It should be noted, however, that God killed David’s son because of David’s sin of adultery and murder, even though the child was innocent. God gave the reason in 2 Samuel 12:14: “…because by this deed you have given great occasion to the enemies of the LORD to blaspheme, the child also who is born to you shall surely die.” But this was an extraordinary circumstance and did not reflect the rule that a child would not die for the sin of his father.

In fact, the “discussion” between God and Abraham regarding the destruction of Sodom is quite illuminating on this point. When God announced to Abraham that He would destroy Sodom and Gomorrah, Abraham responded:

“‘Would You also destroy the righteous with the wicked? Suppose there were fifty righteous within the city; would You also destroy the place and not spare it for the fifty righteous that were in it? Far be it from You to do such a thing as this, to slay the righteous with the wicked, so that the righteous should be as the wicked; far be it from You! Shall not the Judge of all the earth do right?’” (Genesis 18:23-25). God told him that He would not destroy Sodom if ten righteous people would be found there, but as it turned out, not even ten righteous persons dwelled in Sodom. Still, God delivered righteous Lot (and even his less righteous wife and daughters), showing that He would not destroy the righteous with the wicked.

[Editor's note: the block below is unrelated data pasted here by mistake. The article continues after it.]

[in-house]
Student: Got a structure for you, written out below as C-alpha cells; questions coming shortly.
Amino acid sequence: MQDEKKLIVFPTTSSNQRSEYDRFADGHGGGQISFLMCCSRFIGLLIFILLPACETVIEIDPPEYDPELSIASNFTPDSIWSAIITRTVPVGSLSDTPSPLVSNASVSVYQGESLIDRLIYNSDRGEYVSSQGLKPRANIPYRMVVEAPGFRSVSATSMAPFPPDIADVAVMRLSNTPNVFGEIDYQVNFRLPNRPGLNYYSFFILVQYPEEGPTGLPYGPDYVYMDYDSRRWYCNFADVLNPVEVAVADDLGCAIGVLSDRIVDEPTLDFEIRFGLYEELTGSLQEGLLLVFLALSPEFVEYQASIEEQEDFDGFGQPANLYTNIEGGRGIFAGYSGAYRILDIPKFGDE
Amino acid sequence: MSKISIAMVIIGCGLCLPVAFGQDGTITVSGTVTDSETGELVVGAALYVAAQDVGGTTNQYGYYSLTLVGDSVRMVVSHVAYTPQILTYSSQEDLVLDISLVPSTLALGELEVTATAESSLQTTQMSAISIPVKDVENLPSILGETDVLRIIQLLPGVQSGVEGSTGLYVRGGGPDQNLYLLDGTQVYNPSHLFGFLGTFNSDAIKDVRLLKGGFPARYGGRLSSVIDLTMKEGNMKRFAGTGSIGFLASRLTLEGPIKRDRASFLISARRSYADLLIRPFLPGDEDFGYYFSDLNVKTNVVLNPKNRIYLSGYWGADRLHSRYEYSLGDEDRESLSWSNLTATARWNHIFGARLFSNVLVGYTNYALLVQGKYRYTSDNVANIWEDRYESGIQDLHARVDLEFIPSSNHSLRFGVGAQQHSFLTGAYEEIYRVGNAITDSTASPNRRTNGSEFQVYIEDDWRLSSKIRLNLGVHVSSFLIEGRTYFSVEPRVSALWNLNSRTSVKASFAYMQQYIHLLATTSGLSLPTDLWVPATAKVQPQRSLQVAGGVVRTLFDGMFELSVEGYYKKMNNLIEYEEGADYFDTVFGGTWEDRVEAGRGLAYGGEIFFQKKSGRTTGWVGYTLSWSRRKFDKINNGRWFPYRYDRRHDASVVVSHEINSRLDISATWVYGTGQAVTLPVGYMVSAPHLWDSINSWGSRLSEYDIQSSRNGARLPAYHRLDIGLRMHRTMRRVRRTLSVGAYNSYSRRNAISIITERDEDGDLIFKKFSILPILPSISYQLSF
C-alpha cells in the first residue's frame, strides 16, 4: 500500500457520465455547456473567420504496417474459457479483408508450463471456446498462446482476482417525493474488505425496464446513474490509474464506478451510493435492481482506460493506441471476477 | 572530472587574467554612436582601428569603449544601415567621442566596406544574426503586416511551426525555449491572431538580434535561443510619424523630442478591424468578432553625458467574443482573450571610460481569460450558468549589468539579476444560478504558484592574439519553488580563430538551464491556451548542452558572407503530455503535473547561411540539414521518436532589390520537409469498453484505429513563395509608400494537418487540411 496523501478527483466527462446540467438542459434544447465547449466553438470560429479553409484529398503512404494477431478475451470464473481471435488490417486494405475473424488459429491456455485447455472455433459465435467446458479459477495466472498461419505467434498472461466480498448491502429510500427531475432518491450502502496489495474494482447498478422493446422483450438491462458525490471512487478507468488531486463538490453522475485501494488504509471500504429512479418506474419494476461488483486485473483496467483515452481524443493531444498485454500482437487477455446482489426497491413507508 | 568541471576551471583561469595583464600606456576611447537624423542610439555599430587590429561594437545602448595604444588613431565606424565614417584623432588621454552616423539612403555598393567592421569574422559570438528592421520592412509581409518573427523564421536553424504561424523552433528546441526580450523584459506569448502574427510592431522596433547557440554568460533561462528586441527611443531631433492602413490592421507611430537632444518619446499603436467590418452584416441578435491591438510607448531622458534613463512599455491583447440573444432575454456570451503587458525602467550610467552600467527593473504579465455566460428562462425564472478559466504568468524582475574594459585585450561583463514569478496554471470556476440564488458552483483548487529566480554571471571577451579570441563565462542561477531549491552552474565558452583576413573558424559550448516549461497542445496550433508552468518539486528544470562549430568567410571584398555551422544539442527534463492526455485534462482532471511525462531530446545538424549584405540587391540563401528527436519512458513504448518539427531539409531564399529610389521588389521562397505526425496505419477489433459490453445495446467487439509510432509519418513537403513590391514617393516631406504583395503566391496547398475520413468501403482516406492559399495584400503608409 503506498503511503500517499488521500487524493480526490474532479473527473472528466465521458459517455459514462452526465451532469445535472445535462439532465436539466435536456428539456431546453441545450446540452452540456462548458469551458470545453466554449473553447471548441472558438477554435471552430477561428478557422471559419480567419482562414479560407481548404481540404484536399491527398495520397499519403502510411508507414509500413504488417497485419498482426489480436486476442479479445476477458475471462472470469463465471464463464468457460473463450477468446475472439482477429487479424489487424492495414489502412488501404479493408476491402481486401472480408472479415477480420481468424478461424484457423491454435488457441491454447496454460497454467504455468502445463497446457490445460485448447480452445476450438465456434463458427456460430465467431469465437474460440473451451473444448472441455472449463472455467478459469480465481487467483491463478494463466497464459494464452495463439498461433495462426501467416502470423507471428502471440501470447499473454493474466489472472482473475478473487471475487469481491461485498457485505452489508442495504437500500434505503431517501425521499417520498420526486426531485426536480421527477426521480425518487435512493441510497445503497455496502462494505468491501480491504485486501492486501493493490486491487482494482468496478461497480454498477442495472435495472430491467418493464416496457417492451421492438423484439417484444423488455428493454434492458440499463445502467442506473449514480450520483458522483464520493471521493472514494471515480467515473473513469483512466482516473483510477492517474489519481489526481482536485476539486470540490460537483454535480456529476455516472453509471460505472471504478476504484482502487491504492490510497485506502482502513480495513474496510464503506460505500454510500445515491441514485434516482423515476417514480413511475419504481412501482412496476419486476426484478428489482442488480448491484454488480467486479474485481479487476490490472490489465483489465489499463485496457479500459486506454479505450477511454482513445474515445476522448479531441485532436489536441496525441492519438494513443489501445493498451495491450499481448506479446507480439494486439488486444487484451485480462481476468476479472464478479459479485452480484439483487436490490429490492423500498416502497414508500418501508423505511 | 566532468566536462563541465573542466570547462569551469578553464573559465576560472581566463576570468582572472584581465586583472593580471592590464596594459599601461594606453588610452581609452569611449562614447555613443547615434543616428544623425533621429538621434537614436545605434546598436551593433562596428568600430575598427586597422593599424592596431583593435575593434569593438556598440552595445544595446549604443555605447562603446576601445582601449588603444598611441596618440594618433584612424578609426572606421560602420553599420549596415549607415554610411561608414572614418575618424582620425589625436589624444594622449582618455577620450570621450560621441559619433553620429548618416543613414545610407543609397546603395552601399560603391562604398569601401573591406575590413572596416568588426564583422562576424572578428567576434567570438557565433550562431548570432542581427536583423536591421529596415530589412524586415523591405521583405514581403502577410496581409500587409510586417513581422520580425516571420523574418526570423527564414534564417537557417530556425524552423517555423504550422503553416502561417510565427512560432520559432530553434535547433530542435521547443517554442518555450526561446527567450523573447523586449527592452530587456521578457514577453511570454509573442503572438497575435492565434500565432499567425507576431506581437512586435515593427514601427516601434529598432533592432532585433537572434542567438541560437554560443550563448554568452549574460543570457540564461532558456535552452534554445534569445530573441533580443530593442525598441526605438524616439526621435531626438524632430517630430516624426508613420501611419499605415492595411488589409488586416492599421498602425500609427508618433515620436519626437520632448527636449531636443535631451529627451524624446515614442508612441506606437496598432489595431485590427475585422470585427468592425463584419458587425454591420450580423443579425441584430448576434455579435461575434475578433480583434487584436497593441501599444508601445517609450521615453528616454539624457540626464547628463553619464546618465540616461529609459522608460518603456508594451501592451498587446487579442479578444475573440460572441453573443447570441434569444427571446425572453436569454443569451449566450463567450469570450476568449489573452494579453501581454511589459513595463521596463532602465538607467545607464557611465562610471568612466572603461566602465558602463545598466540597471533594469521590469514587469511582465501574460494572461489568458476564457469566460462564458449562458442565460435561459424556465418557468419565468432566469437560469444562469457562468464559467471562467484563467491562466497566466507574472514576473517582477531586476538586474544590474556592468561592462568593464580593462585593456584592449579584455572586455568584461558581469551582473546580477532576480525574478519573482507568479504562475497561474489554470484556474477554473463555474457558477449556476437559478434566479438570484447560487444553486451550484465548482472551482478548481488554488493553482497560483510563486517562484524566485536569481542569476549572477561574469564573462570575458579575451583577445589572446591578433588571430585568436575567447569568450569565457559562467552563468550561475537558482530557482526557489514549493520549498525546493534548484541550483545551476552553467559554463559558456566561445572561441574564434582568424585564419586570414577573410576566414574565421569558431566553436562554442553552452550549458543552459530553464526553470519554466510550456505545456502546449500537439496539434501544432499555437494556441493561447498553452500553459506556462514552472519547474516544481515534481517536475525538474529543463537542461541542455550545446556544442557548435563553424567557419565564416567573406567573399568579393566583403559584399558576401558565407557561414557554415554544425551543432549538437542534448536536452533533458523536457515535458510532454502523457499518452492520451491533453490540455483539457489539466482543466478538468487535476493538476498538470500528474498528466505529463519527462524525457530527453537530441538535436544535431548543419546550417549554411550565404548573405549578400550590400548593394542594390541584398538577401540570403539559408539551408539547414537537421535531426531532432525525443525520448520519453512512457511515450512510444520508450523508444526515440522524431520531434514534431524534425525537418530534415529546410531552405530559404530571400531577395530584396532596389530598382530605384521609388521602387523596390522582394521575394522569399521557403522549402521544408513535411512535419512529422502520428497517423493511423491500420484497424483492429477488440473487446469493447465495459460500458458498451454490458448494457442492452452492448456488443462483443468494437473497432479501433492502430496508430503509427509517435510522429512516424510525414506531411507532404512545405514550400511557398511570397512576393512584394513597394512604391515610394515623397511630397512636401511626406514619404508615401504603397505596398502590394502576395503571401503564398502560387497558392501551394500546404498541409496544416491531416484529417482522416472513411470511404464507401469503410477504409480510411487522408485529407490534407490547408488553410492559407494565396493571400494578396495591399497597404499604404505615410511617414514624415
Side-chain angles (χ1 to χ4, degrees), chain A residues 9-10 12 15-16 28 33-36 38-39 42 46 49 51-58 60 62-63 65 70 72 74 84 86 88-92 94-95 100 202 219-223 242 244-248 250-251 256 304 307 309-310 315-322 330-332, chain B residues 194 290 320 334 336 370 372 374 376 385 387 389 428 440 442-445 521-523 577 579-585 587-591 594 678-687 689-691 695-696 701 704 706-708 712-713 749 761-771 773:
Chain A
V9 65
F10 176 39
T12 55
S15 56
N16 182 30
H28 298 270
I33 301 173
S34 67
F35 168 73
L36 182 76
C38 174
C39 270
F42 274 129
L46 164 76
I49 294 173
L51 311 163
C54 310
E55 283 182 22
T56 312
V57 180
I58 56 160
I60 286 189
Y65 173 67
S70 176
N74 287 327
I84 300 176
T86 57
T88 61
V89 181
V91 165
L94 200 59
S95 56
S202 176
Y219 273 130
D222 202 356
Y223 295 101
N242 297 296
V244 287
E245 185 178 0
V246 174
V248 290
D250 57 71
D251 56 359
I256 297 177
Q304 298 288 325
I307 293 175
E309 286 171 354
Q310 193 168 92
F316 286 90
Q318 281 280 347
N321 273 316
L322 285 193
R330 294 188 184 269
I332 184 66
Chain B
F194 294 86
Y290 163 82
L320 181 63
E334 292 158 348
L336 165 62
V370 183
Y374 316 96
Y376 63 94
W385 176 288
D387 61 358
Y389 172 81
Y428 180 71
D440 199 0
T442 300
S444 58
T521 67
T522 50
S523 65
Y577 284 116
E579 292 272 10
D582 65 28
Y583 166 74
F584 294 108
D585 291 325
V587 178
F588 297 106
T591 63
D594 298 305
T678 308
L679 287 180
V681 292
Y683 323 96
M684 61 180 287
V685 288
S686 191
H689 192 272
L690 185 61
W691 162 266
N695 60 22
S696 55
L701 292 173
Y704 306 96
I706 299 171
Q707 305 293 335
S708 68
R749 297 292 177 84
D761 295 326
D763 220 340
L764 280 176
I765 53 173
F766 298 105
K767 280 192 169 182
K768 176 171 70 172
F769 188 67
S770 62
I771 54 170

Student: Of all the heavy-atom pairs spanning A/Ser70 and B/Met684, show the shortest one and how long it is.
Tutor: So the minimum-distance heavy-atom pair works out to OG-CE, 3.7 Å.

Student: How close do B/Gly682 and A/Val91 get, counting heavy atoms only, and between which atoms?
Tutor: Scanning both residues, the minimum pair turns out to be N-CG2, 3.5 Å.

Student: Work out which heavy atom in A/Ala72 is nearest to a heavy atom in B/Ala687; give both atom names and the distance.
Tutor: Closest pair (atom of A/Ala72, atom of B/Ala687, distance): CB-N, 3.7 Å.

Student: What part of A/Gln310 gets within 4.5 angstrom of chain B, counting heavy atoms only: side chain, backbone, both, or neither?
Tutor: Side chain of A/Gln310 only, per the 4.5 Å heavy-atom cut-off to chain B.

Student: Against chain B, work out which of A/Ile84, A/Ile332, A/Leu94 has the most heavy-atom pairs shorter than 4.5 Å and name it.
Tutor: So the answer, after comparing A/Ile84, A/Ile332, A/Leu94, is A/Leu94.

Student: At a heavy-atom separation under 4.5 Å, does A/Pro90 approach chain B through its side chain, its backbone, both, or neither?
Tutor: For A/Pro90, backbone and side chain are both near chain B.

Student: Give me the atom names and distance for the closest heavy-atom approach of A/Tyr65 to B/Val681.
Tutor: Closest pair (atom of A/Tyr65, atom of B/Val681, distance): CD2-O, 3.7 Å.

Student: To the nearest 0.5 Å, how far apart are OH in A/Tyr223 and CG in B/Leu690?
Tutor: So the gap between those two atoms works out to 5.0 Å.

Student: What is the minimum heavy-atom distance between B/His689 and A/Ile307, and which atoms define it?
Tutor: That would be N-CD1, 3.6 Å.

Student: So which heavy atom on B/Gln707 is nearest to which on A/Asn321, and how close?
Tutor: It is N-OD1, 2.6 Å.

We also read that many in Israel died because of David’s sin of numbering the army, but they were guilty too. It says that God’s anger was aroused against Israel (2 Samuel 24:1).

As was pointed out above, Achan did not perish alone in his iniquity (Joshua 22:20), but this does not have to refer to his family, but it might refer to all of Israel because they lost their battle at Ai, when about 36 men died (Joshua 7:5). In fact, this conclusion is warranted based on the context of Joshua 22 which contains a warning for the congregation of Israel.

Also, in the rebellion of Korah (compare Numbers 16), not all his family members died, as subsequently, some of the sons of Korah wrote many psalms (compare Psalm 42; 44; 45; 46; 47; 48; 49; 84; 85; 87; and 88). This means that they were not punished for the sin of their father.  This is remarkable, as the wording is quite similar to the one used in the episode about Achan. Regarding Korah, we read: